Concussion in sport: What can be learned from the NFL?
In 2016, a US appeals court upheld a $1bn (£700m) settlement between the NFL and a group of retired players who had suffered brain damage as a result of concussions.
Since then, says NFL chief medical officer Dr Allen Sills, the organisation has instilled a "very aggressive programme to try and reduce those injuries".
In fact, Sills says, the league was able to "reduce concussions by 29%" last year.
"That doesn't mean we have solved the problem but we are moving in a positive direction," he added.
With rugby, football and boxing under the spotlight around head injuries this year, Sills spoke to BBC Sport about what British sports can learn from the NFL about dealing with head traumas and concussion.
Prevention is better than treatment
Sills says a lot of research has taken place over the past five years to identify what is causing concussions, who is being injured and by what type of play.
"We have attacked that over a couple of different fronts," he told BBC Sport.
"We've looked at rules and how that can be applied; we've seen some changes - for example the new kick-off rule, a rule about blindside blocks and the lowering of the head - rules that came directly out of our work around health and safety.
"We have also worked a lot on helmets - the design and the testing of helmets to improve their safety.
"Lastly, we've done a lot with education, specifically for coaches and players, showing them what techniques lead to injury and how alternative techniques may be safer."
He says that league-wide effort has helped reduce the number of concussions being suffered.
"We still have work to do to continue to reduce avoidable head contact," he added.
"In medicine, prevention is always better than treatment."
Spotters in the stands to identify injuries
NFL protocols mean each player gets the same exam whenever they are evaluated for a head injury - anyone deemed to have suffered a concussion cannot return to the field.
The tests, carried out in a pitch-side tent, include a set of simple questions about the game, the location or the player's team, while medics assess the player's eye movement, speech and behaviour.
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"We have created a mechanism whereby many different observers can initiate the protocol," added Sills.
"It can be one of the team medical staff on the sideline, but it can also be one of our spotters up in the booth who are looking for injuries down on the field from an elevated position.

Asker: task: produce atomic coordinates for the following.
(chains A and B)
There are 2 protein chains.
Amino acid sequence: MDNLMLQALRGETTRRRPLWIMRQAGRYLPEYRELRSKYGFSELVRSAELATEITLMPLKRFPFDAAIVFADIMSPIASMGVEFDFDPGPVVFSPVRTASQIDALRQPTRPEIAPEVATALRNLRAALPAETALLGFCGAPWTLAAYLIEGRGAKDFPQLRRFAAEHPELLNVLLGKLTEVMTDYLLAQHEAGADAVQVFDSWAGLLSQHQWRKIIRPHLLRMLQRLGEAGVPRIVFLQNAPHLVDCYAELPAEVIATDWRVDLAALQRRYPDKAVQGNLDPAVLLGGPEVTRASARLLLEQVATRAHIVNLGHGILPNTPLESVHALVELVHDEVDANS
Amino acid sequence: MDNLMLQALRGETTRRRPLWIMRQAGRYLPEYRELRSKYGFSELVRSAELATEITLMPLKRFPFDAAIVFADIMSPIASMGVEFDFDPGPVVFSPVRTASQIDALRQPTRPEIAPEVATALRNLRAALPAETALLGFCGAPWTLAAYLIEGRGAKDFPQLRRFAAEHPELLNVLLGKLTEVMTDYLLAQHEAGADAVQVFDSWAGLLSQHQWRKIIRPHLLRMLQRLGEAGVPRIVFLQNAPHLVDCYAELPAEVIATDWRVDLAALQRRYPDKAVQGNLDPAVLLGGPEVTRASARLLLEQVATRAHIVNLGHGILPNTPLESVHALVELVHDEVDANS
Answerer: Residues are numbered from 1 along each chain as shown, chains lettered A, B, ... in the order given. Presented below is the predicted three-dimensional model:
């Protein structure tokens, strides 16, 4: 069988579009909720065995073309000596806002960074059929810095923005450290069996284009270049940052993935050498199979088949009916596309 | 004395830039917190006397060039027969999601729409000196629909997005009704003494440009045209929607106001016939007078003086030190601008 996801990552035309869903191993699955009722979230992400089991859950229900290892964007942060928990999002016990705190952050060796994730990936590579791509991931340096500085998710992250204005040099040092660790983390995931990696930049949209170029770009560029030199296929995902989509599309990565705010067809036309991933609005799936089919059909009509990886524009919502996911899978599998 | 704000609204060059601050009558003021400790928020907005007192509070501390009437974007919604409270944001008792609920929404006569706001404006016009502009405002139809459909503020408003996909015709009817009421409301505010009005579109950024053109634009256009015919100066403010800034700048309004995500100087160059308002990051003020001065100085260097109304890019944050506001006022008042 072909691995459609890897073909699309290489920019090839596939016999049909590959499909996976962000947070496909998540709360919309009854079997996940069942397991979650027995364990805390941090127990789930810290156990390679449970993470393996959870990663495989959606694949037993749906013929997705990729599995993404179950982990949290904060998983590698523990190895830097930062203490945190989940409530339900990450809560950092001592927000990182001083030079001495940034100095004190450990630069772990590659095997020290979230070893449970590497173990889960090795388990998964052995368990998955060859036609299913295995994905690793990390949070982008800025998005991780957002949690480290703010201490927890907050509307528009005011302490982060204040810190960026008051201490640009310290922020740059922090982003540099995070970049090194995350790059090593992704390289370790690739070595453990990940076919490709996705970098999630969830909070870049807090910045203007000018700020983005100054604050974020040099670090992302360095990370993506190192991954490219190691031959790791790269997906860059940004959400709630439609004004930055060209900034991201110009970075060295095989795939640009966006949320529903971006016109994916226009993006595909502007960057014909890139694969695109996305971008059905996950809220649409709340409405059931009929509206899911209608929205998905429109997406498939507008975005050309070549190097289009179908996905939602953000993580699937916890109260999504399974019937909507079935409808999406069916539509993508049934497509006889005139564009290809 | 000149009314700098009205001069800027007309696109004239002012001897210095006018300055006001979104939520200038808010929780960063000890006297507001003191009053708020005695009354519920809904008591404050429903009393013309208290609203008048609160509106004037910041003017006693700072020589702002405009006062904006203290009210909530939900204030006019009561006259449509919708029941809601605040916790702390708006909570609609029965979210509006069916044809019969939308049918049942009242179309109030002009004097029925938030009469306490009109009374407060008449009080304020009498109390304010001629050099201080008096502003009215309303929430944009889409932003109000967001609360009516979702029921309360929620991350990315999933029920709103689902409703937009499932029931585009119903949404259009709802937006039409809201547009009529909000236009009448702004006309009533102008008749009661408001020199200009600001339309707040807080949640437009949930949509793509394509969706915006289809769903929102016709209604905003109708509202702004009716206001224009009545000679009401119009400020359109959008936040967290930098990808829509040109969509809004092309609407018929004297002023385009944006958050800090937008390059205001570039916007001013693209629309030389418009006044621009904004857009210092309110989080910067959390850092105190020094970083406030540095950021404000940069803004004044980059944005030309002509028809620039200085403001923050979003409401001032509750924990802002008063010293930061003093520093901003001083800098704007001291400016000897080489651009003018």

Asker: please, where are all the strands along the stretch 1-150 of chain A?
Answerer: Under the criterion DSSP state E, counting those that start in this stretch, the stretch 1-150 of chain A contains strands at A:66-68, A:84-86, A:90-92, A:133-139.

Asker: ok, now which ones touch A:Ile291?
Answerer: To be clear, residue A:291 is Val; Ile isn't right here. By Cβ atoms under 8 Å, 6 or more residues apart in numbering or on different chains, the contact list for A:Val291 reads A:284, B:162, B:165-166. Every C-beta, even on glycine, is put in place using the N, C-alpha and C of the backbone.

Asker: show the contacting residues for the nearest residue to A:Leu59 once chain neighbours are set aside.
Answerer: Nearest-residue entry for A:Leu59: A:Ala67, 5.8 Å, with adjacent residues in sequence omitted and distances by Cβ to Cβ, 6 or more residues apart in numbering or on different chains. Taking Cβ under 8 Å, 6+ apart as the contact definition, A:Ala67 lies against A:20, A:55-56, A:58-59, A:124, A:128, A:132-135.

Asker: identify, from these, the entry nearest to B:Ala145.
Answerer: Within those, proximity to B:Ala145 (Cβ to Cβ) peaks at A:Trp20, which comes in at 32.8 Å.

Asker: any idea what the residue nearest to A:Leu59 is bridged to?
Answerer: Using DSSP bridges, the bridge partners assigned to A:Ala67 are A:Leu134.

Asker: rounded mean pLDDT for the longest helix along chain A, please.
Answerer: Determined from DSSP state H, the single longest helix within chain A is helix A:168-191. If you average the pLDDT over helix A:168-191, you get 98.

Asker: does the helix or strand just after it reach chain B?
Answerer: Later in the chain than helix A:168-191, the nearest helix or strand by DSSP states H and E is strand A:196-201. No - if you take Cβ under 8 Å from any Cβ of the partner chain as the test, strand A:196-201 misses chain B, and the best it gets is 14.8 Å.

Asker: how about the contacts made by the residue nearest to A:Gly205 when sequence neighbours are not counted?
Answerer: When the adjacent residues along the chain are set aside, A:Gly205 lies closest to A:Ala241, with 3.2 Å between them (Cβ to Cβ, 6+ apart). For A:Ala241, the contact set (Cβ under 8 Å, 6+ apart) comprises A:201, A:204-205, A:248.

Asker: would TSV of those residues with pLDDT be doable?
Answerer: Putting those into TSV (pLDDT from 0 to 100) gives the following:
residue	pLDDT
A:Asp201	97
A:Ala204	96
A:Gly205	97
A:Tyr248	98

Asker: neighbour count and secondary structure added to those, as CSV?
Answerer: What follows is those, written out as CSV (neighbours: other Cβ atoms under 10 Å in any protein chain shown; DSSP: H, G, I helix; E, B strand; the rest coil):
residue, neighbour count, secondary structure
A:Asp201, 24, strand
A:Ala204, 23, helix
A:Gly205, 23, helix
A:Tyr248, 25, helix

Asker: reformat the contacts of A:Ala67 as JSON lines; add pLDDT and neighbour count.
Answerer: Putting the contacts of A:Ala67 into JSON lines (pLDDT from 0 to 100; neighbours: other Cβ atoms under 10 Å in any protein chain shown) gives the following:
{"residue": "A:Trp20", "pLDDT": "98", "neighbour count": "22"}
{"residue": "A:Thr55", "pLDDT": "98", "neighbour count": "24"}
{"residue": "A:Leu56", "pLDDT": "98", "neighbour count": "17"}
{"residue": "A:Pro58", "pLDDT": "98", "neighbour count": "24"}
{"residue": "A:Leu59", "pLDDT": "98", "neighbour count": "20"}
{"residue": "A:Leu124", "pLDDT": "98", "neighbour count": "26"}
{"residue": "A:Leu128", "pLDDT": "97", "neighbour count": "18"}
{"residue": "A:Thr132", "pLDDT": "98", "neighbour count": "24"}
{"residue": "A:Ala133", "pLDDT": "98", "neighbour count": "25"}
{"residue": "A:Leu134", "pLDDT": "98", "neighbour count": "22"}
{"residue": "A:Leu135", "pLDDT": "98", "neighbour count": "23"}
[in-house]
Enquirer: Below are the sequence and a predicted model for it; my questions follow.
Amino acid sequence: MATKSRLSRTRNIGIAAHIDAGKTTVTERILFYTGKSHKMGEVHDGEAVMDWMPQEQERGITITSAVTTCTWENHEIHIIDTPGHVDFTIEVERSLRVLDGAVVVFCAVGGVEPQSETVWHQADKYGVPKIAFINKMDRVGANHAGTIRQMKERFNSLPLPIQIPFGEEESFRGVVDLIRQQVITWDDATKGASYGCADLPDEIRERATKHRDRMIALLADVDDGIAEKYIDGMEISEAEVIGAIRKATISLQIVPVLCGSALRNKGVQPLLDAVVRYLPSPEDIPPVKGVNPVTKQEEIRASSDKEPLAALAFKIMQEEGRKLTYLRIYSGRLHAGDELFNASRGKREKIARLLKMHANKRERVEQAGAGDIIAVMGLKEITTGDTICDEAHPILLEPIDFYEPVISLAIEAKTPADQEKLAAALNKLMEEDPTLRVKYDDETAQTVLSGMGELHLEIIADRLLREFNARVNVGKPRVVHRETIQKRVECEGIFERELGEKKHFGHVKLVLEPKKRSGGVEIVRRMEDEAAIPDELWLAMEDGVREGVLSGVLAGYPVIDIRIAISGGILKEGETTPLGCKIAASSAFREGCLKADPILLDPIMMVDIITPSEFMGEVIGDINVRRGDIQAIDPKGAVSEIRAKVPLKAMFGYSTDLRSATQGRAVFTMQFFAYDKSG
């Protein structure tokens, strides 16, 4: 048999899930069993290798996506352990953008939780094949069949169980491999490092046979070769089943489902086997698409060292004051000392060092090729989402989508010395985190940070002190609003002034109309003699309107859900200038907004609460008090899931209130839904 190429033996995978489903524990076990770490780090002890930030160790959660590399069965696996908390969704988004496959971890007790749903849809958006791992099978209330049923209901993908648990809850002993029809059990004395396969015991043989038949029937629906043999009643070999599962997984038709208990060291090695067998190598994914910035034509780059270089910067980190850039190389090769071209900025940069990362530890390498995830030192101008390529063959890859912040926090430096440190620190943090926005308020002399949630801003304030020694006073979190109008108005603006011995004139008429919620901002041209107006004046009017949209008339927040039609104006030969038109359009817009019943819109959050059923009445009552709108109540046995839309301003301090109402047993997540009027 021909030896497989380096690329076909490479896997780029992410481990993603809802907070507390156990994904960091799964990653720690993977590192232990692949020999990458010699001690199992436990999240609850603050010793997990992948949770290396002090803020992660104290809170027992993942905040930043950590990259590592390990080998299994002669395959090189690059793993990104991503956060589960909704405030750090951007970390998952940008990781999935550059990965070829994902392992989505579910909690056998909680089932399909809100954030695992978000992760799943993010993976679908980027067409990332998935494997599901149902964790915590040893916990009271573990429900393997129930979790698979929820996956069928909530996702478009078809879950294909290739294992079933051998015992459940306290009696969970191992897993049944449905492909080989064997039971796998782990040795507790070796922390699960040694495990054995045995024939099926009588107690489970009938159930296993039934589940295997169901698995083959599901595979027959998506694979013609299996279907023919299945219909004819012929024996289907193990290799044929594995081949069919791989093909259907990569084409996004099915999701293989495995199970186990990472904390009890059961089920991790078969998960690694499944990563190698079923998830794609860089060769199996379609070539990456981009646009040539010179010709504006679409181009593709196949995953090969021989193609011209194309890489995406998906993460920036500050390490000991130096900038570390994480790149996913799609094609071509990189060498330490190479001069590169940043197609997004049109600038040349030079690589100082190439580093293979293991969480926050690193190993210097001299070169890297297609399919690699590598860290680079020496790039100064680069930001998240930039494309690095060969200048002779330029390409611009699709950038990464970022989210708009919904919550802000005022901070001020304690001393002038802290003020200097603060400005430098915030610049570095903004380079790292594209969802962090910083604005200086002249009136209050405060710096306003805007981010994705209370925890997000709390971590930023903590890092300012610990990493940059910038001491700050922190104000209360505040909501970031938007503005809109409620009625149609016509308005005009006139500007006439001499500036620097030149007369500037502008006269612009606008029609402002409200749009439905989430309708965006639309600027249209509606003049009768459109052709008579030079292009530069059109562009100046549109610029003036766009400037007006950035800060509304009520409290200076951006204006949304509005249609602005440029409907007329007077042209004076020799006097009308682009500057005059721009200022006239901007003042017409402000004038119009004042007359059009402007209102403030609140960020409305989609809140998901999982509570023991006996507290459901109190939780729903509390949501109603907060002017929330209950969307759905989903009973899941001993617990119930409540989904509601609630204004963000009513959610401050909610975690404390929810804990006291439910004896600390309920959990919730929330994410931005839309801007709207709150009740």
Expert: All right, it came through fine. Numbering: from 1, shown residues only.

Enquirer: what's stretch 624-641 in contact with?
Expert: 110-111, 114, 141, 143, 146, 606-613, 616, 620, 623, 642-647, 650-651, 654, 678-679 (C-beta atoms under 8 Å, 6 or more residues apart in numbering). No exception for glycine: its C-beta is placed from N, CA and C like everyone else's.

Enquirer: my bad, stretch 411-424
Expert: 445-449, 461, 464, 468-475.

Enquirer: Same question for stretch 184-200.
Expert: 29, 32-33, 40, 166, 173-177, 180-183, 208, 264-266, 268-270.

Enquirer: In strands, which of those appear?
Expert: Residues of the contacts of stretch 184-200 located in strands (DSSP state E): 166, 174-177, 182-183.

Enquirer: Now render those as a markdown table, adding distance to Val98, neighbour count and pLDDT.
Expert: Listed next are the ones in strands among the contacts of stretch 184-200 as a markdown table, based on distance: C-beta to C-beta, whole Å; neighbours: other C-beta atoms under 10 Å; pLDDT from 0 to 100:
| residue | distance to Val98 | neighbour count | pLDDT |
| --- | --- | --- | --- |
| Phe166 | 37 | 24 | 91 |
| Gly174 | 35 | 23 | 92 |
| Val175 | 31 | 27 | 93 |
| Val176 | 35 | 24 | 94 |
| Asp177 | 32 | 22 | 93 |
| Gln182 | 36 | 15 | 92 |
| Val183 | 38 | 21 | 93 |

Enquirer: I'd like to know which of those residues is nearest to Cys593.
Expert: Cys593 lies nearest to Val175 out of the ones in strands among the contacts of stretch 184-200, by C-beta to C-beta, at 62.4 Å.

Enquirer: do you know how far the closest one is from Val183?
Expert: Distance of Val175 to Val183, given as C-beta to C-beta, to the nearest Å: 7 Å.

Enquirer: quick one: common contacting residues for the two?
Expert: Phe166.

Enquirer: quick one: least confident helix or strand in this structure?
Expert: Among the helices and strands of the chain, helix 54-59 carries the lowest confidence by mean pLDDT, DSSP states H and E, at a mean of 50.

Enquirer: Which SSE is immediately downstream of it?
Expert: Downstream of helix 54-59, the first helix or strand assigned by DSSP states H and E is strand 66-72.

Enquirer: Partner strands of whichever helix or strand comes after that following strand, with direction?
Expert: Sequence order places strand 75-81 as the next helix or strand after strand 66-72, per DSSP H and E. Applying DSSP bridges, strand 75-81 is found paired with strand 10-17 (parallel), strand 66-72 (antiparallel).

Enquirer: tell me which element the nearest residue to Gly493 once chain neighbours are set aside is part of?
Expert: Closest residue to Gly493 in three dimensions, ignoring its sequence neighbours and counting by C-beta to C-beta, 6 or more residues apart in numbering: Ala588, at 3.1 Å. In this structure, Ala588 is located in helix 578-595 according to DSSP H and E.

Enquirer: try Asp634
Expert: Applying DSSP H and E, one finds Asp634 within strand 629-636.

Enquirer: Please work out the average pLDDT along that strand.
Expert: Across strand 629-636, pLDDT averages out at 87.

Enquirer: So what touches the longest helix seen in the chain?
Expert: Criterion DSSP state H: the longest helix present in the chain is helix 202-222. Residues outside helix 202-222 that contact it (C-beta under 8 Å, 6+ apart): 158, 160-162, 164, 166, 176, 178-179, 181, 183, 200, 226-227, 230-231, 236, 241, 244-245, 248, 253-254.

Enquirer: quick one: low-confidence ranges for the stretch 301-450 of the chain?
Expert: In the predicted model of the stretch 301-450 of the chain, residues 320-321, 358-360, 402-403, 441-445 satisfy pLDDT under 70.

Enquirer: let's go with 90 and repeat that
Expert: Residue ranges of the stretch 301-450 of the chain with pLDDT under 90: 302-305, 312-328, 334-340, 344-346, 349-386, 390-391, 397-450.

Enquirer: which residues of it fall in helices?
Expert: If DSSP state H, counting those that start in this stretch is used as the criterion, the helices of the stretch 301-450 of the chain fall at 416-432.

"It can be some of our independent medical personnel on either sideline - doctors, consultants, a player, coach or even game official. All of these people can say 'I think this player should be examined'.
"That has been successful, to allow a lot of people to potentially identify an injured player."
An understanding from coaches and players
Screening of players produces three who prove to have no concussion for every one who does.
"That's a number we're very comfortable with because we want to be as comprehensive as we can be," added Sills, who says this requires continued education and discussion with stakeholders.
"Screening is important - one of the changes I've seen over the past 10 years is players much more readily understand and accept the protocol and why we are trying to do what we're doing, and coaches do as well.
"When one of our players is pulled out to go for a concussion exam, the coach is very hands-off. That's been a cultural change and I think is very positive."
Sharing knowledge with other sports
England rugby union prop Kyle Sinckler saw his World Cup final ended inside three minutes after a collision with team-mate Maro Itoje, highlighting rugby union's strict head injury assessment rules.
Head traumas in football are still a topic being explored; children under the age of 11 playing soccer in the US are banned from heading the ball and the Scottish FA is considering implementing such a rule.
Dr John MacLean, the Scottish FA chief medical consultant, is also part of a Uefa medical committee which has proposed temporary rugby-style substitutions for concussions, after research into dementia in football.
Sills says the NFL is always keen to share information and research with other organisations.
"It is very much a dynamic conversation that is happening on a worldwide basis," he said.
"We want to be very open and transparent about what we have learned and where our challenges remain."
A word on mental health
In May, the NFL announced a new agreement with its players' association to put a renewed emphasis on mental health.
"Part of that new agreement is every one of our 32 clubs has been required to hire a consultant who is at the team facility between eight and 12 hours per week, available to all players and has full access to the entire facility," explained Sills.
"We have put a renewed emphasis on education, and we also recognise how important confidentiality is so have put in some very strict measures around that.
"This is an area we have put a tremendous amount of focus on this year and we think it is something we will continue to emphasise."
It has been well received, with the league keen to promote "a climate of mental wellness" for players and staff.
"A lot of what has driven that is our colleges and universities have been doing it for a couple of years," added Sills.
"Newer players are a little bit more accustomed to it; players who have been around a little time perhaps still have some adjustment.
"Around sports there is sometimes stigma, particularly in football, to be tough and play through injury.
"We spend a lot of time talking about preventing, say, ankle injuries or knee injuries, but there are strategies one can employ to prevent behavioural or mental health issues, so we would like to talk about that rather than mental illness - talk about mental wellness."